The luxurious Levantine/Syrian Furniture
From its famous name known among the elite interior designers, “Levantine Furniture” is one of the most exotic, intricate, and unique furniture ever produced by mankind. Architects and Designers have always been looking for this unique and sought-after luxurious furniture and one-of-a-kind statement pieces.
This furniture dazziling with intricate details and amazing designs is originated from the eastern Mediterranean region of greater Syria, known as the Levant. This region reaches as far as southern Turkey. Untill today small workshops still strive to continue this amazing craft despite the flooded market with machine made and mass-produced furniture and products. One of the uniqueness is that each piece is individually carved and inlaid.
The craft itself is deep routed in history as far as The Sumerian city kingdoms. These cities flourished on the banks of the Euphrates River in the ancient fertile crescent where some of the inlay woodwork was uncovered in the Royal Palace of Mari and in other kingdom cities dated back to the 3rd century B.C. The ancient Egyptians were also known for producing and importing inlay furniture and pieces.
In addition to the above, the Phoenician kingdoms along the eastern Mediterranean used similar means to produces artifacts of carvings and inlays. Some of the furniture pieces and artifacts produced during that ancient period can be seen in the museum of Damascus and at the Louvre.
The ancient Silk Road that stretched from China all the way to Europe through Syria where it used to be a measure hub for caravans was a trade center for such materials and crafts.
The furniture created with carved details and inlaid with mother of pearl flourished during the early Islamic periods and spread all the way to Spain through the Mediterranean and Northern Africa where some workshops and factories in Southern Spain still produce this hand-carved and inlaid pieces of furniture with the same ancient Levantine and Islamic Geometrical and floral designs found in some of the ancient building of Andalusia.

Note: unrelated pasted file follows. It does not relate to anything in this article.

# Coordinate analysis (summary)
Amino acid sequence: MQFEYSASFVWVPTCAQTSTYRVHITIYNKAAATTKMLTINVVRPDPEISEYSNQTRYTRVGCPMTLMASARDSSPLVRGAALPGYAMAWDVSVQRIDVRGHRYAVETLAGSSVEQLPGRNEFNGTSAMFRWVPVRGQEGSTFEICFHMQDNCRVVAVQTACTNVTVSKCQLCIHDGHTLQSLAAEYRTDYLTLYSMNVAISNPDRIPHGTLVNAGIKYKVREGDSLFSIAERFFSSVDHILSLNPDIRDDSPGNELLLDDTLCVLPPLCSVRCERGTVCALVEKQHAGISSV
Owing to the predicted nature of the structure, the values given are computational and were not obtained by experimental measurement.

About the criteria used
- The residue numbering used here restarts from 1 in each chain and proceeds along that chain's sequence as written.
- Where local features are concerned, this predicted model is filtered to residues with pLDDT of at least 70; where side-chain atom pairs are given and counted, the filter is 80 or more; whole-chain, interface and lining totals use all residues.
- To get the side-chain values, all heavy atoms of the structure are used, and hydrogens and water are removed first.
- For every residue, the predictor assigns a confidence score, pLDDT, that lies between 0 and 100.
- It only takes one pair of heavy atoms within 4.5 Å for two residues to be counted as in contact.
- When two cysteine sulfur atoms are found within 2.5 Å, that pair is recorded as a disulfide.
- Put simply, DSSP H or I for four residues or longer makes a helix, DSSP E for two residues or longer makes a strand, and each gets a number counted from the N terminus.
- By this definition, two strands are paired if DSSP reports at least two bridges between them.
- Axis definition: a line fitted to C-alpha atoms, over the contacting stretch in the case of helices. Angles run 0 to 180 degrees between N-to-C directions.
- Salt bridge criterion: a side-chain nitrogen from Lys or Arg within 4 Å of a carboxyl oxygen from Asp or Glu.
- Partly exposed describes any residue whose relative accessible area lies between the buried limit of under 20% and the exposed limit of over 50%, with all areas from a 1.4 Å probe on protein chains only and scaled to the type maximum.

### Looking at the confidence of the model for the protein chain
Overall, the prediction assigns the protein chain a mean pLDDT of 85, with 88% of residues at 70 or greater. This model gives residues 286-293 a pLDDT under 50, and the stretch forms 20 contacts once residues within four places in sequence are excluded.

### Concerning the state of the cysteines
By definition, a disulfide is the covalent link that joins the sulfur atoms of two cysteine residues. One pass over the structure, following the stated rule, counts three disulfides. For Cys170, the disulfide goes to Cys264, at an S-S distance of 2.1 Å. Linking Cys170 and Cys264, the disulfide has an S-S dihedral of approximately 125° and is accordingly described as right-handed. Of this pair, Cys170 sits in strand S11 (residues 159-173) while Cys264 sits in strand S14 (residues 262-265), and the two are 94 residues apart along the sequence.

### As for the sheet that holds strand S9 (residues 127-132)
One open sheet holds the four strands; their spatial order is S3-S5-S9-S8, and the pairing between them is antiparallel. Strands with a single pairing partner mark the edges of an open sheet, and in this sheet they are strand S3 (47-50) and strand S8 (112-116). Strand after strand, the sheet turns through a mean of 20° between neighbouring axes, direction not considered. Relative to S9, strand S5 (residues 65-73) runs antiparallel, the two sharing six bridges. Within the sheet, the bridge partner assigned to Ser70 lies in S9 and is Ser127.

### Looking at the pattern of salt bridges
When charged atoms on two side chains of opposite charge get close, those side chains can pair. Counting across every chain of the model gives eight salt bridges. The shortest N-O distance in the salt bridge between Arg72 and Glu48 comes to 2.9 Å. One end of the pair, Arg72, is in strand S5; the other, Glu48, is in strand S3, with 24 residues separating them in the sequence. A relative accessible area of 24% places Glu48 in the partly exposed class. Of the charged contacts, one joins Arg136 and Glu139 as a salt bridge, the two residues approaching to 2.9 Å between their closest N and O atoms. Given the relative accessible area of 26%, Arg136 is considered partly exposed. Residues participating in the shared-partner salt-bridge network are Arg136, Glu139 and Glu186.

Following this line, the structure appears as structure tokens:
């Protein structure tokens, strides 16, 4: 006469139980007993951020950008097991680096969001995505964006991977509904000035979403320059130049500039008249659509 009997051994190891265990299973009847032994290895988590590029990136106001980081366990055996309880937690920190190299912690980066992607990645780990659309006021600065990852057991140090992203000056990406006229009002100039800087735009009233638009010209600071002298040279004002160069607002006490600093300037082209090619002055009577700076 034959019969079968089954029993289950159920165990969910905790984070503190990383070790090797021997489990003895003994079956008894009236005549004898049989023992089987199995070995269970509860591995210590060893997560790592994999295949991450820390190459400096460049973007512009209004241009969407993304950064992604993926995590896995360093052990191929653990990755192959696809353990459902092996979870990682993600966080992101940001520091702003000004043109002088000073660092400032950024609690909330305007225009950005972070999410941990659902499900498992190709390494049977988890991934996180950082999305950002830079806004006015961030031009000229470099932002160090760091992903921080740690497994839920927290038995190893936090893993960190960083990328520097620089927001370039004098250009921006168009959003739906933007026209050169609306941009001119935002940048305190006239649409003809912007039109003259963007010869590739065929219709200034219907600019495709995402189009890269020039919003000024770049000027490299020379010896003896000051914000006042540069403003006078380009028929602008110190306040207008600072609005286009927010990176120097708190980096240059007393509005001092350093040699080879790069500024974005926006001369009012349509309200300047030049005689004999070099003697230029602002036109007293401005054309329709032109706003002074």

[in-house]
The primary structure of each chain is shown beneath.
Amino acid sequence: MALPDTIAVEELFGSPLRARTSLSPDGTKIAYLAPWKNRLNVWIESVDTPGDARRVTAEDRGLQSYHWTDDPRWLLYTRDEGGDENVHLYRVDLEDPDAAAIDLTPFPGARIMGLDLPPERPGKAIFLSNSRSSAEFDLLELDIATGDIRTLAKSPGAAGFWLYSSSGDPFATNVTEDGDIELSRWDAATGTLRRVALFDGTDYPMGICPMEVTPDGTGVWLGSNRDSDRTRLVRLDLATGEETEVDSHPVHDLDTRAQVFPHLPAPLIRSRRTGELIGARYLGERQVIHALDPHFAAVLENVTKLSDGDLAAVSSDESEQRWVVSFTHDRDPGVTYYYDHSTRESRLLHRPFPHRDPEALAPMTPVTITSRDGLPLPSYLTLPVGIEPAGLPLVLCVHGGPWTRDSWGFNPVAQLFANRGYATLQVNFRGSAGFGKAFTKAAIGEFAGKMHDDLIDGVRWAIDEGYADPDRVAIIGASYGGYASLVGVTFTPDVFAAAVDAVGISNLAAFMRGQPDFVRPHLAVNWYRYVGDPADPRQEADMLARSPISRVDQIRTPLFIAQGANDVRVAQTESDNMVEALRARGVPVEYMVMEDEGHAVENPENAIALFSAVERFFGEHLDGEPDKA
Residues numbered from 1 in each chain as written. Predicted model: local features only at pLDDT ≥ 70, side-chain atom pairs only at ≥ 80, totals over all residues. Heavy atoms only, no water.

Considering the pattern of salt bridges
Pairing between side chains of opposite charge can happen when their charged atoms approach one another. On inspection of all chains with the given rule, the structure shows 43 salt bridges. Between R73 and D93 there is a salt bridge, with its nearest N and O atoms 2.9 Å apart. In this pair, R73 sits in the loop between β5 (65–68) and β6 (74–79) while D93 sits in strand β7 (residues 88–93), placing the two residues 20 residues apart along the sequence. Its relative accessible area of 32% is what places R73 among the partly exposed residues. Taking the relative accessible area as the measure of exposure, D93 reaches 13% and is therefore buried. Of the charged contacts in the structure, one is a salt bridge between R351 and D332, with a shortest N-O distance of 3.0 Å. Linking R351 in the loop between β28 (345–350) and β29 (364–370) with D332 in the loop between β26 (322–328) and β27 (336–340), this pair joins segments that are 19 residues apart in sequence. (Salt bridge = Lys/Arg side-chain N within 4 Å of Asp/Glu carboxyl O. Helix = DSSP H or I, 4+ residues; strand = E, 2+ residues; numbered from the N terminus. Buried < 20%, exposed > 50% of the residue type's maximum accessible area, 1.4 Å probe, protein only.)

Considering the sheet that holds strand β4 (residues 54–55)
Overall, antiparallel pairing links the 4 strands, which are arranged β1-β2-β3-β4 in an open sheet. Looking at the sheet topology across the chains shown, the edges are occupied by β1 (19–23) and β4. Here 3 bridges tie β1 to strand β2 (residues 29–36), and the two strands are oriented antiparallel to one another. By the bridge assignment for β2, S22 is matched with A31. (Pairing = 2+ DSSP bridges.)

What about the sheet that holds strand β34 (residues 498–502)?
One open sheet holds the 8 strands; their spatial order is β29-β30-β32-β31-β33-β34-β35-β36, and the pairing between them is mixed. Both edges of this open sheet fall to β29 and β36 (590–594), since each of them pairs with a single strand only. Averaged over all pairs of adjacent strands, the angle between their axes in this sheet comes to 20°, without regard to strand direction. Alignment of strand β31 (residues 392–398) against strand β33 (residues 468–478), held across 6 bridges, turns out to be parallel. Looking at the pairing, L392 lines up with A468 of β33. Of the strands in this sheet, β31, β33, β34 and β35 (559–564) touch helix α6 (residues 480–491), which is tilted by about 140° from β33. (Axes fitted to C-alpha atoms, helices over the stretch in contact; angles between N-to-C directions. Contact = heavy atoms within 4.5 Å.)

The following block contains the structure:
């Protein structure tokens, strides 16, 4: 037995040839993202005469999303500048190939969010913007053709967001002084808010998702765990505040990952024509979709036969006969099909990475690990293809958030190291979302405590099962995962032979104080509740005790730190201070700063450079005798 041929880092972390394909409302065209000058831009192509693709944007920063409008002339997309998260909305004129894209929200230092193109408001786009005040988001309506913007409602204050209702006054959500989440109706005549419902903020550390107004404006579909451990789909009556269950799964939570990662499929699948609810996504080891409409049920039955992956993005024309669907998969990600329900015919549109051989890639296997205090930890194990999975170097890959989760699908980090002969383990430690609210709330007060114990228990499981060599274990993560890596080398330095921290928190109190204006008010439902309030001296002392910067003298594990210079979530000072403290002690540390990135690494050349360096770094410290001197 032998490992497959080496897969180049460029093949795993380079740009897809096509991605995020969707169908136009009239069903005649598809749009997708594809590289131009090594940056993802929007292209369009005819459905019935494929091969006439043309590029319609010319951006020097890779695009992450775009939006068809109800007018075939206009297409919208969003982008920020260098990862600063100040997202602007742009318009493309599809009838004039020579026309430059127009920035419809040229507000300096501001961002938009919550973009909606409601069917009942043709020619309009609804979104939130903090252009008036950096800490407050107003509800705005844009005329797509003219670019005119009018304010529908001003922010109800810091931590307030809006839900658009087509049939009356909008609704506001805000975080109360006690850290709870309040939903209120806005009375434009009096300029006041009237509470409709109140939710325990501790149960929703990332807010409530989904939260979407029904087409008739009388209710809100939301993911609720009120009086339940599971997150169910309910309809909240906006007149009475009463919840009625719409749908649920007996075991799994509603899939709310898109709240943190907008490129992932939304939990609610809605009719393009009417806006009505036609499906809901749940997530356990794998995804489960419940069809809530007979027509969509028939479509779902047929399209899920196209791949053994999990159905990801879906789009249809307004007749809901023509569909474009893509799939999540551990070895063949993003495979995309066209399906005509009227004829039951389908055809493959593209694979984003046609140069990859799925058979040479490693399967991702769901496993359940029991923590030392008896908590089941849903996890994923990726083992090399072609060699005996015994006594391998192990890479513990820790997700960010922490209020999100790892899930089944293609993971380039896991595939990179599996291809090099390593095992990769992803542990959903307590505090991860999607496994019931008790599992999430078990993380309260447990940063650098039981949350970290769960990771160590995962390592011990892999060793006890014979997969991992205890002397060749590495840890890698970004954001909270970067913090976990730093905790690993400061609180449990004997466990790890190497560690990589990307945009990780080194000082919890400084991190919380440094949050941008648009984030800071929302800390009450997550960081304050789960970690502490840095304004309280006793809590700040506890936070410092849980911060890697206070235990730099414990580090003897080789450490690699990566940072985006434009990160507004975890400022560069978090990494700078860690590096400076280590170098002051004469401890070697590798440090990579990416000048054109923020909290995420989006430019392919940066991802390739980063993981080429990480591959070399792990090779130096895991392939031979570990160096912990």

During the 16th C. the Ottoman Empire moved many of the artisans from Damascus to Istanbul to grow this industry in and around Istanbul as it was flourishing and needed during the expansion of the Islamic Ottoman Empire. This craft died out later at the turn of the 20th century in Turkey while it continued to strive up until today in the famous and one of the most ancient cities world, Damascus the capital of Syria.
Today this astounding woodwork can be seen at mosques and found in religious buildings in Palestine, Lebanon and Syria. Today furniture-makers in the city of Damascus and around it use several types of wood such as walnut, oak, cedar, and firewood to produce various types of beautiful furniture pieces that can be produced in several styles such as carved, inlaid with mother of pearl, or marquetry furniture highlighted with mother of pearl inlays.
In addition to furniture, the Syrian artisans of today do other architectural interiors such ceilings, joinery, doors, and windows. What is today known as Levantine or Syrian furniture is just scratching the surface of this craft which especially the Damascene artisans mastered through the ages.
Despite the challenges the craft faces today; designs are more varied, and anything can be done or produced to the architect or client’s needs and requirements.
This is not a one person craft, It requires skills and knowledge with the designs; Artisans for cutting different woods into distinct geometric shapes and patterns; Carvers and artisans to create a whole standing piece by fusing the pieces together to make a solid piece of furniture; as well as artisans who are specialized in cutting and inlaying the mother of pearl pieces to fill in the carved details as the design requires.
The last phase of finishing the furniture is applying numerous coats of varnish made from natural shellac or wood stain, mainly walnut.
The most popular wood to use is solid walnut as it does not chip and holds well overtime and has great and respected value.
The inlaid marquetry woodwork, also popular in Damascus, is a design the artisan creates in which he cuts the wood and makes skeletons of different furniture parts such as the backgammon board or side table. The same carpenter may then place the veneer of marquetry into the skeleton frame.
Although similar craft and pieces are made today in other neighboring counties and as far as Morocco and Spain; Damascus still produces the finest pieces in both quality and materials. In ancient times they used to use shells, mother of pearl, from the Euphrates and now they use the imported mother of pearl from the Pacific, especially from the Philippines where the quality and iridescence of pearls are superior.
Although Akbik carries several lines of furniture, and we design our own pieces, this traditional Syrian furniture is still our specialty and we pride ourselves on our experience in manufacturing it and selling it in the American market and around the world.